Her plight has stirred public outrage. But unfortunately, it’s far from being an isolated case. Far too often, there are reports of violence and gross human rights violations against domestic workers.
But violations of the rights of domestic workers extend well beyond the cases of extreme abuse. They occur every day and around the world in the form of excessive working hours, with no rest time and insufficient pay.
|Far too often, there are reports of violence and gross human rights violations against domestic workers."|
Countries have begun to act, some of them taking small, others bigger steps in the right direction. In Thailand, for example, domestic workers no longer have to work on public holidays, while in Singapore, they are guaranteed a weekly day of rest, and Namibia is setting a minimum wage for domestic workers. In Bahrain, the new Labour Code includes a number of provisions for domestic workers.
In the Philippines, the new Domestic Workers Act sets out detailed rules and protection for domestic workers. The United States has extended wage and overtime protection to the nearly 2 million direct care workers who help elderly or disabled people in their homes. And a few weeks ago, the European Union called on its members to act and to implement Convention 189.
But many governments still exclude domestic workers from the scope of the labour laws that provide other workers with basic rights and protection.
The 21.5 million domestic workers in Asia, and at least 2.1 million of their counterparts in the Middle East, are generally least protected.
Latin America, where there are 19.6 million domestic workers, has shown that better legal protection is feasible. All but a few of the region’s domestic workers are at least partly covered by labour legislation that entitles them to annual leave, a minimum wage and a day of weekly rest. Three quarters are protected by a limit on weekly working hours – although these laws in some cases demand longer hours than for other professions. Nine out of ten domestic workers in Latin America are entitled to maternity benefits under national law.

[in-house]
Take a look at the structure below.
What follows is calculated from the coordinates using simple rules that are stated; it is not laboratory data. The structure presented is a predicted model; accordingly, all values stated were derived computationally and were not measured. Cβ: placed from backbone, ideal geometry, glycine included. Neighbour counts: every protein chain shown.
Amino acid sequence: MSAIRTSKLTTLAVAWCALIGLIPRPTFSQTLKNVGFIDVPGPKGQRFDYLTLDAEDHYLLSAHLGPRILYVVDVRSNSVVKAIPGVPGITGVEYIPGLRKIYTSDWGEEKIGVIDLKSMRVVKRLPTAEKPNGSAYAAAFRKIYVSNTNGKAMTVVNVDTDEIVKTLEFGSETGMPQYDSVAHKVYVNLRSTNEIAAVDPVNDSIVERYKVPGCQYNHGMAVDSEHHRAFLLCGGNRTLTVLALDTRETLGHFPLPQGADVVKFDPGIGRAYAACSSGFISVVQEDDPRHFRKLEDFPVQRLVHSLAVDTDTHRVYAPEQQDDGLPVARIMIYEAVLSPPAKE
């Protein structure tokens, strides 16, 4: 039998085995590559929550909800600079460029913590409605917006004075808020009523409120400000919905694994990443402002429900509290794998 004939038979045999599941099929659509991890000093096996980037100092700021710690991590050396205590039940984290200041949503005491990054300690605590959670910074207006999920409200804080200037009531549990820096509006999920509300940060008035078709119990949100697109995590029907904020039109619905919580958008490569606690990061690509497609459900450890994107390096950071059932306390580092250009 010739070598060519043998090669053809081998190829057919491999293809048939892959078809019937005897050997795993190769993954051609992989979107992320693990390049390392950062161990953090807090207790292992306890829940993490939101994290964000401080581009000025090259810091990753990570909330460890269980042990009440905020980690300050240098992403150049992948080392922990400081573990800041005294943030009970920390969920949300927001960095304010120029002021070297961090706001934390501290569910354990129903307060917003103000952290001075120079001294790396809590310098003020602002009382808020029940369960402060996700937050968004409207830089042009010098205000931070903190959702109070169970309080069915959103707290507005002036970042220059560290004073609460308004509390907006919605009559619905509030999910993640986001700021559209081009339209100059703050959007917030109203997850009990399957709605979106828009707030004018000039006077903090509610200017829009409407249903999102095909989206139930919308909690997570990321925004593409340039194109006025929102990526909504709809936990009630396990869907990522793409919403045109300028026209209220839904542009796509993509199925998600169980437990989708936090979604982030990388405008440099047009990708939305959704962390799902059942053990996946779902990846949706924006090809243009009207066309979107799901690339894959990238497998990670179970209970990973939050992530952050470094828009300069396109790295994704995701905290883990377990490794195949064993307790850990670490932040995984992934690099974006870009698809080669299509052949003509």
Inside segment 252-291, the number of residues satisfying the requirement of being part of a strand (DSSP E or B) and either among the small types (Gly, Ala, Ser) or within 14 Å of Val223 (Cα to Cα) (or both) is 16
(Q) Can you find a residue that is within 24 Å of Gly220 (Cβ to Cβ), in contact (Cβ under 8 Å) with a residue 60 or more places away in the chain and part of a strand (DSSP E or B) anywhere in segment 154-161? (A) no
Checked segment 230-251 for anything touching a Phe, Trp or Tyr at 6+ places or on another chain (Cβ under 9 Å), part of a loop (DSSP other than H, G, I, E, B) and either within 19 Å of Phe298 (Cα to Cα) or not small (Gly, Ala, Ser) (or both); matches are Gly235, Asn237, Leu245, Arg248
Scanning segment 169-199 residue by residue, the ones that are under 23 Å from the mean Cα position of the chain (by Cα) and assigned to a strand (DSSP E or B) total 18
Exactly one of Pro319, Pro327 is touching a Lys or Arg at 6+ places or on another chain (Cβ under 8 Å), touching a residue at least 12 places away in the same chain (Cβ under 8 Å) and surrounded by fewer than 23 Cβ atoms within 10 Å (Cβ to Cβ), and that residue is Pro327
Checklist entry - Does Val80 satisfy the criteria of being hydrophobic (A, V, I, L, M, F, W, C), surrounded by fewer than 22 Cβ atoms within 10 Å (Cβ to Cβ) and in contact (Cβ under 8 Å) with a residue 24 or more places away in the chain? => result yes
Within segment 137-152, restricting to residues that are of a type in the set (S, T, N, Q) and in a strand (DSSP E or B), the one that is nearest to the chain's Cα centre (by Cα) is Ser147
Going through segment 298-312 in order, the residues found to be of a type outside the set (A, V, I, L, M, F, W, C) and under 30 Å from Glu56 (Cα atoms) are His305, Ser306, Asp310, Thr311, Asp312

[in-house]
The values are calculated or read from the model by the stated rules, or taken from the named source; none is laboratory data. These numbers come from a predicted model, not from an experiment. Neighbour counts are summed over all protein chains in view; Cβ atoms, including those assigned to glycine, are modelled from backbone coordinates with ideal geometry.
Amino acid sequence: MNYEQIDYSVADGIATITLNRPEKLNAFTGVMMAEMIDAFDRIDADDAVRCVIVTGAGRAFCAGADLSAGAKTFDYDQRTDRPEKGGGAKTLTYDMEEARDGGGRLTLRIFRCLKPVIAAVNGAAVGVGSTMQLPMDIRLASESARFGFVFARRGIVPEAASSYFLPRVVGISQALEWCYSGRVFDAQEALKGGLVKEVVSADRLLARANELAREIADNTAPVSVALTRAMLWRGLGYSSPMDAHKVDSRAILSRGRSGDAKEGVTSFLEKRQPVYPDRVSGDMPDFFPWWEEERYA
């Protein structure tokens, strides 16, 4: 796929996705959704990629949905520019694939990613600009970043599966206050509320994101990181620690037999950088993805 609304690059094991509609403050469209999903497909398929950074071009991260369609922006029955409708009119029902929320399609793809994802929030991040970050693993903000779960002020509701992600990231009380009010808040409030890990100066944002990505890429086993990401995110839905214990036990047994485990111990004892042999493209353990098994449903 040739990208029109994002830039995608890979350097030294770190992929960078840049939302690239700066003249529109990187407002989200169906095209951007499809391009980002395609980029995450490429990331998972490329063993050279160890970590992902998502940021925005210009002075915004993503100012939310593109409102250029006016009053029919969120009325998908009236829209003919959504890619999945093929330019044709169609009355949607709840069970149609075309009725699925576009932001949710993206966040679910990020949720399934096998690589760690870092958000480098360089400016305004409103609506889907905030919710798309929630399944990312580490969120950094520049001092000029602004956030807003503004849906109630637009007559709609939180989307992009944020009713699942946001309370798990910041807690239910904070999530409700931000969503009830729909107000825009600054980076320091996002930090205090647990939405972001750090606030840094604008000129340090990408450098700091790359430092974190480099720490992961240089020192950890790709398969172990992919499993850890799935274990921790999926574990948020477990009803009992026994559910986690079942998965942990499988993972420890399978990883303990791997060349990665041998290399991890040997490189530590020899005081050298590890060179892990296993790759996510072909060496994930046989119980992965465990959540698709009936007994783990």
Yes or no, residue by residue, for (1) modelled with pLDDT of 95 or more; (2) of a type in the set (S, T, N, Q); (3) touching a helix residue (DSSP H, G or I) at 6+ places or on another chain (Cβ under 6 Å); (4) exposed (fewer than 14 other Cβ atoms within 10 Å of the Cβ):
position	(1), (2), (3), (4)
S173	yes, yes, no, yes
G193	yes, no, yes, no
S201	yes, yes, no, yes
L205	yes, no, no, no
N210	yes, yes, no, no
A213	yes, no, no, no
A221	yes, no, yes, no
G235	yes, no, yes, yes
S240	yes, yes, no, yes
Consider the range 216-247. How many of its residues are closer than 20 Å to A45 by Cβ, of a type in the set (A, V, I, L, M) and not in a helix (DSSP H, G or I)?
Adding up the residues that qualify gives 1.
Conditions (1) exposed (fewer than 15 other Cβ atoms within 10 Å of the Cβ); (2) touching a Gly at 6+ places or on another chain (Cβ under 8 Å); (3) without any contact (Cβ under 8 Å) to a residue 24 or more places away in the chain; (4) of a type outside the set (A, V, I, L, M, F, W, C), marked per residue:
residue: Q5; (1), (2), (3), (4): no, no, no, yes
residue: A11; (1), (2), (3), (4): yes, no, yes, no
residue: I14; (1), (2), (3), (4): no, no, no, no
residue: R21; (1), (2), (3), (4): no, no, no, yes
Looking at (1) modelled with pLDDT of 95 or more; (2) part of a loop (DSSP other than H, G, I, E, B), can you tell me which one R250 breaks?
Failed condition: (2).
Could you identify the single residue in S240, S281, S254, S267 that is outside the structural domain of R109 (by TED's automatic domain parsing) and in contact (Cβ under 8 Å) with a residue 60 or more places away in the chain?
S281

Does such protection matter to the daily lives of domestic workers?
Granted, compliance with the law is often weak and enforcement needs to be strengthened. Only a third of Brazil’s domestic workers are enrolled under the social security scheme. But this is a huge improvement over the mid-1990s and much better than the blanket exclusion in many other countries. The wages of Brazil’s domestic workers have doubled in real terms over the same period, largely due to substantial increases in minimum wages, which, unlike in most Asian countries, also cover domestic workers.
While labour rights are being strengthened for many domestic workers, there are some worrying signs at the other end of the spectrum; for example domestic workers who remain trapped in child labour and forced labour. While child labour has been on the decline since the turn of the century, the number of children in domestic work has grown from approximately 10.6 million to 11.5 million between 2008 and 2012 (See ILO report "Global estimates and trends 2000-2012: Marking progress against child labour").
We need to step up the speed of change, and the ILO is playing an important role in this, helping formulate necessary reform, raising awareness of workers’ and employers’ rights and duties and supporting ratification of Convention 189.
Kartika Puspitasari’s former employers have been jailed for their repeated physical assaults, but much remains to be done to prevent such abuses in the first place – and to make sure that domestic work is decent work.
A longer article by the same author is available in Poverty in Focus #27 - March 2014, published by the UNDP.